August 13, 2019
Researchers with The Loon Project were shocked when they noticed a mother loon carrying a duckling on her back at Long Lake in Wisconsin.
According to The Dodo, the loon couple had a baby that unfortunately did not make it. So when they saw a tiny duckling all alone without his family, they took him in. The duckling didn’t object and happily settled in with his new family.
And because baby loons and ducklings are raised very differently, researchers were unsure how the duckling was getting food.
“We could see that the duckling was healthy and strong — that it continued to grow and thrive,” The Loon Project wrote in a blog. “How, we wondered, was a dabbling duck that evolved to pluck and consume small, squishy invertebrates from the shallows surviving with two parents determined to feed it long, rigid, scaly items captured from the deep?”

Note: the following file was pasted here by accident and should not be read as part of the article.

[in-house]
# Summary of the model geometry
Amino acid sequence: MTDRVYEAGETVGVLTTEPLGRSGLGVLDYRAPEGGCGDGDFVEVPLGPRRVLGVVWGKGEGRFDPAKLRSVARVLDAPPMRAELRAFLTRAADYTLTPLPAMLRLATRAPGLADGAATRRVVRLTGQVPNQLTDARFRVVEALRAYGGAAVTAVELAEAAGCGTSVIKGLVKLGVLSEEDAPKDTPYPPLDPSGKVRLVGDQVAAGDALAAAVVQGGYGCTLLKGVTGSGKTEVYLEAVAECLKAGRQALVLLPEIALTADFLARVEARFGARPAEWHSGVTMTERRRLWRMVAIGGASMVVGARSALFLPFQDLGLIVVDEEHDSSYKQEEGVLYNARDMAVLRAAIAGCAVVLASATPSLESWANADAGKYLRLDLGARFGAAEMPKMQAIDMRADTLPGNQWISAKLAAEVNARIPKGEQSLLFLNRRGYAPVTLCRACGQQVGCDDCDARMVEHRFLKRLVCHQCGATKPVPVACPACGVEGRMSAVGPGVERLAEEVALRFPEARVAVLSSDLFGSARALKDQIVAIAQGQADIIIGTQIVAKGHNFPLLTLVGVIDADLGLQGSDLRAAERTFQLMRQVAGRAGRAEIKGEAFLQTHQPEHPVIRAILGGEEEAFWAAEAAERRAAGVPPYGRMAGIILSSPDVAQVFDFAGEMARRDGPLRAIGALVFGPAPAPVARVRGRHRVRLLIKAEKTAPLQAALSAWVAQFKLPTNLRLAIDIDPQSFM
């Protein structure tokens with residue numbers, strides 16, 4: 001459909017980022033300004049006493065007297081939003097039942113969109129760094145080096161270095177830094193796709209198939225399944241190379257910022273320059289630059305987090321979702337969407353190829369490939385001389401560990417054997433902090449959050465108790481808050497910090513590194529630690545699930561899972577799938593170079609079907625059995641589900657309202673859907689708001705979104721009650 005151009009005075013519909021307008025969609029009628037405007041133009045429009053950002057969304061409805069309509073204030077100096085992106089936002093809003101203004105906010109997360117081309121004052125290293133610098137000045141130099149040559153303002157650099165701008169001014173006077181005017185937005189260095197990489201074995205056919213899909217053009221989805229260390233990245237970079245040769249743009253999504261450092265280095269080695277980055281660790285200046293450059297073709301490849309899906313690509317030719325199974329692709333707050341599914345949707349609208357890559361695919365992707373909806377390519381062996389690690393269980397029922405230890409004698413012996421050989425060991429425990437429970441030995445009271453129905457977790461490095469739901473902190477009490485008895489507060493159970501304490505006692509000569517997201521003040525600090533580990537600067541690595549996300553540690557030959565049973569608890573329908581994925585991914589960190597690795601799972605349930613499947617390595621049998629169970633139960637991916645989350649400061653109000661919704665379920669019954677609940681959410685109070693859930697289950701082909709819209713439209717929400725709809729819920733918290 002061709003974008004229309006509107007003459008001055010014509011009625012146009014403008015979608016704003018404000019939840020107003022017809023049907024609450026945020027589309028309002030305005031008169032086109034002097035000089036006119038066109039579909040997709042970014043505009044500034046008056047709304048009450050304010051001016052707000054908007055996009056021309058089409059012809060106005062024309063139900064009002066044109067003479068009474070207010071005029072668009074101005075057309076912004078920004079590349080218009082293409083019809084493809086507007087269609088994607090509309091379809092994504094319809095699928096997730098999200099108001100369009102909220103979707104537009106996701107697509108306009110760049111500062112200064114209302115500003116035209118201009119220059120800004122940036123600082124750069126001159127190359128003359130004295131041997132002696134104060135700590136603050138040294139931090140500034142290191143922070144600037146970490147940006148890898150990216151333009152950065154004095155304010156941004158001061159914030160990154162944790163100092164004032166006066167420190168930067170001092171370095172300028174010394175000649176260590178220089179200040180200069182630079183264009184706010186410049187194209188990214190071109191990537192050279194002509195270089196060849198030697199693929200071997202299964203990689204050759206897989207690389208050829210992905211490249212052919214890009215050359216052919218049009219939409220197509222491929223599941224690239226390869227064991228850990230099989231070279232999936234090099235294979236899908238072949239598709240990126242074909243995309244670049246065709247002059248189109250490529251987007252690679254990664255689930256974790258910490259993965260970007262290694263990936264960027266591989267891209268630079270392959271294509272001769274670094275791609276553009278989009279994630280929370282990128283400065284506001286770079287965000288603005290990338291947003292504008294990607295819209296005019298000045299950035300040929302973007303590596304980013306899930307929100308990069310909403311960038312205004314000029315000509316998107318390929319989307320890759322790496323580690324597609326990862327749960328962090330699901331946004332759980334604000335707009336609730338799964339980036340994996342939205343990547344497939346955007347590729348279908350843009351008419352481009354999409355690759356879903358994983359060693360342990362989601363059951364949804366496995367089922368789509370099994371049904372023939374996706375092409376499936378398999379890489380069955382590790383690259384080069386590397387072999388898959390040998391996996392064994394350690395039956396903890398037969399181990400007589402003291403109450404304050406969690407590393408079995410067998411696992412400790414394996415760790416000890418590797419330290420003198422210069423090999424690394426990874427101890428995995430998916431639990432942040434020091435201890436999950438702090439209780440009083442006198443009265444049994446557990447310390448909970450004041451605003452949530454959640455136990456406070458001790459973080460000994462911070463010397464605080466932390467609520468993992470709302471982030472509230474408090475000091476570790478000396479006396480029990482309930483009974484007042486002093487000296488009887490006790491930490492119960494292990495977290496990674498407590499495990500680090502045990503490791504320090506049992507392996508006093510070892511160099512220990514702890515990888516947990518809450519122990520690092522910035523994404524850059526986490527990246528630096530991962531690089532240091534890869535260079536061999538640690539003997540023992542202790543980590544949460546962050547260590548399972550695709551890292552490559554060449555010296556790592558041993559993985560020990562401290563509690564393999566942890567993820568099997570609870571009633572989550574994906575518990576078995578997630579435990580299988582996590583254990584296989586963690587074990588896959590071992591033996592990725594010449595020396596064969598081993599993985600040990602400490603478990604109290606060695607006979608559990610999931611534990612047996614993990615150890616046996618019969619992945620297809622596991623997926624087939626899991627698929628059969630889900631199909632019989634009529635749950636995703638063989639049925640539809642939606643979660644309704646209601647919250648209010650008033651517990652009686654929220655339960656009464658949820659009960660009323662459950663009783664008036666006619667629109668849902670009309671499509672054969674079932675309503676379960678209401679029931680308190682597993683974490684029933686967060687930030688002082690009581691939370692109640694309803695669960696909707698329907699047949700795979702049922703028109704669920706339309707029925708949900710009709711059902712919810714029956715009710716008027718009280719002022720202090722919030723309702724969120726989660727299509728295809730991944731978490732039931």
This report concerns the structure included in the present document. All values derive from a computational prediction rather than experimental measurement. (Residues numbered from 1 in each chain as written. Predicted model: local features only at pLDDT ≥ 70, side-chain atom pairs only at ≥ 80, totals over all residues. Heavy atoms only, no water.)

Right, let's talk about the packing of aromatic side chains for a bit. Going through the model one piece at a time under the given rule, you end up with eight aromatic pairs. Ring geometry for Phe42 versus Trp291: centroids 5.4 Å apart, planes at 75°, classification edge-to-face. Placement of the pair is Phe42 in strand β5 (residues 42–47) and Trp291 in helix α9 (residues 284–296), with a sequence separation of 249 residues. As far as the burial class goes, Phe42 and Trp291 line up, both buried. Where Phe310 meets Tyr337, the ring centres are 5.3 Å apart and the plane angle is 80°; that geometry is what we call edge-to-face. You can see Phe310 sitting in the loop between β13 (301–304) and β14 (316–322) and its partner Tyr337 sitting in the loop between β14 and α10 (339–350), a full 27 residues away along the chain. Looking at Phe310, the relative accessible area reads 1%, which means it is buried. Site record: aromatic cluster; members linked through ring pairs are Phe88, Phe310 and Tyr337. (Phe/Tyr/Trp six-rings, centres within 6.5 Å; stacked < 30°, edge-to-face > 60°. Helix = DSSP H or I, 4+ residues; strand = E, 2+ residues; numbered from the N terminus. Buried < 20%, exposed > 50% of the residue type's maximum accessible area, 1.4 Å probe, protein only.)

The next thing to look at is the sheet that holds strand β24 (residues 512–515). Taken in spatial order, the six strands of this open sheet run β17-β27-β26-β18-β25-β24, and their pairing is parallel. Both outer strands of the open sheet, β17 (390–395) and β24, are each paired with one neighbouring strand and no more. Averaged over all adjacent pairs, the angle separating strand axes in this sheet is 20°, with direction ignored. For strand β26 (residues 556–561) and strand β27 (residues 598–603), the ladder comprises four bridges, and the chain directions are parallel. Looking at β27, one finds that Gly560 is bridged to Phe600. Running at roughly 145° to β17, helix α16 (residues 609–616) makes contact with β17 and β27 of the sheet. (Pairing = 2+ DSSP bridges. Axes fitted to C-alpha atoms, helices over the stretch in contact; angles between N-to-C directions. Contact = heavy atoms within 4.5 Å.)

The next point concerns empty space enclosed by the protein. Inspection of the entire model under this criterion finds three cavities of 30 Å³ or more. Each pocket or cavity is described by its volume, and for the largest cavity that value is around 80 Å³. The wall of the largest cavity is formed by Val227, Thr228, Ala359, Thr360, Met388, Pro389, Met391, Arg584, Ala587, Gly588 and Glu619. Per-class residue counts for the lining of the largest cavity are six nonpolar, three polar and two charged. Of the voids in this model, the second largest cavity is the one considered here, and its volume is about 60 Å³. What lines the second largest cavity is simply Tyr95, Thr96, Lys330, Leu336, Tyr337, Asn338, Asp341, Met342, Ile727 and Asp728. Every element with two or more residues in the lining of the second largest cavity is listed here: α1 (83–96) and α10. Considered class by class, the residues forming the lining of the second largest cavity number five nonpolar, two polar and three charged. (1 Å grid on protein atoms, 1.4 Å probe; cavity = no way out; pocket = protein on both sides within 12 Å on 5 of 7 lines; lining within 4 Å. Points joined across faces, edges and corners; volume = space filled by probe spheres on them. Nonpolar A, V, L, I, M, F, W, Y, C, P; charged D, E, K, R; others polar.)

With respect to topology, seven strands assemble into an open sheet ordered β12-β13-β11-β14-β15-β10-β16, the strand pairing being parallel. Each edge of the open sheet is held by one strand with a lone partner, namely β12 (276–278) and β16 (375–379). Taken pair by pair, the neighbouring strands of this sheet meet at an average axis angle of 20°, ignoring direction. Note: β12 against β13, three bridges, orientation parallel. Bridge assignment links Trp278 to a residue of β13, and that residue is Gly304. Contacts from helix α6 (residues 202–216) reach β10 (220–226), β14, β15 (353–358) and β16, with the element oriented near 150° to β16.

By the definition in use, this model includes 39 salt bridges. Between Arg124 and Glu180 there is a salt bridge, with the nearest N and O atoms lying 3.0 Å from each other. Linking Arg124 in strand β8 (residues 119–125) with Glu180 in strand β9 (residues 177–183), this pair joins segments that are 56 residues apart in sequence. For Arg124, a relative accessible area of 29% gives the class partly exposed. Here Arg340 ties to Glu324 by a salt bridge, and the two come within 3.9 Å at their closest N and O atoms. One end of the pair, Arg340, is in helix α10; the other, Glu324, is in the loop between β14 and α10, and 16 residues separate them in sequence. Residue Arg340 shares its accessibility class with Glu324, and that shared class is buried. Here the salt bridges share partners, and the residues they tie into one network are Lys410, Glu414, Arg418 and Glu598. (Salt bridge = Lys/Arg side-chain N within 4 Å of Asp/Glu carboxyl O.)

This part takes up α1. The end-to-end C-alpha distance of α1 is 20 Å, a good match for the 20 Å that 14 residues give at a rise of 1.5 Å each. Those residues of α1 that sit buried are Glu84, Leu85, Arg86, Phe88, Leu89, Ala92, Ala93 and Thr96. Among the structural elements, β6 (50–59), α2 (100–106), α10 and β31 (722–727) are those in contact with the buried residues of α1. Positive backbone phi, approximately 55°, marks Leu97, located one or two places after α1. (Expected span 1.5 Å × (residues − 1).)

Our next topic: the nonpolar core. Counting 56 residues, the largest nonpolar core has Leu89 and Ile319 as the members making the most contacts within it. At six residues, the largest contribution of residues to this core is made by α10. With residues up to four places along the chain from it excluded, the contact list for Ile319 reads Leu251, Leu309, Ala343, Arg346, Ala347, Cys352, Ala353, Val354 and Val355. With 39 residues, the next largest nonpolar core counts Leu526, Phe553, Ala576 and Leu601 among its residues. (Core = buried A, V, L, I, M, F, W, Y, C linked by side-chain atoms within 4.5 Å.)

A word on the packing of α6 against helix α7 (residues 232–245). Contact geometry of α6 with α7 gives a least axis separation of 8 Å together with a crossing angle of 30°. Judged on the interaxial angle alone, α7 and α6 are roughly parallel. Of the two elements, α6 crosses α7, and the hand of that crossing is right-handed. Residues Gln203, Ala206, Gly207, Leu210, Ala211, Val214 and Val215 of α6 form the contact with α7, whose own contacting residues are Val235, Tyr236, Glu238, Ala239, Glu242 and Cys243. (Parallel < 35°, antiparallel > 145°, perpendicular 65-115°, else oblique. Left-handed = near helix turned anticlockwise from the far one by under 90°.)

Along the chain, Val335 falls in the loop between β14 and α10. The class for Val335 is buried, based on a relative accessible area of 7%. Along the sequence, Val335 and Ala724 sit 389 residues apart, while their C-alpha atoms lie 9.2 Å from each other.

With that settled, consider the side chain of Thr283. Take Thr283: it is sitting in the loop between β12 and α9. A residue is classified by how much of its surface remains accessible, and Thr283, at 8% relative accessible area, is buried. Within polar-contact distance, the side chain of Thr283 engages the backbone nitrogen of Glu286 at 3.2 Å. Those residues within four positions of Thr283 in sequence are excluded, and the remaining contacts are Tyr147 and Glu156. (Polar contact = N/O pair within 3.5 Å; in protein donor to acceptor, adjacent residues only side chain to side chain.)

Surprisingly, the duckling accepted the scaly items.
But it’s hard to say what will happen to the duckling as he gets older.
“If the duckling behaves as genes dictate, it will soon join others of its species in huge foraging groups that congregate on lakes at this time of year. But it is thoroughly imprinted on its loon parents, not on mallards. If it has lived too long as a loon chick, it might attempt to associate with that species. Even in this worst case scenario, all is not lost, I think. Full grown mallards, even those that evince inappropriate affection for loons, know that they must bolt when a loon comes stalking them.”
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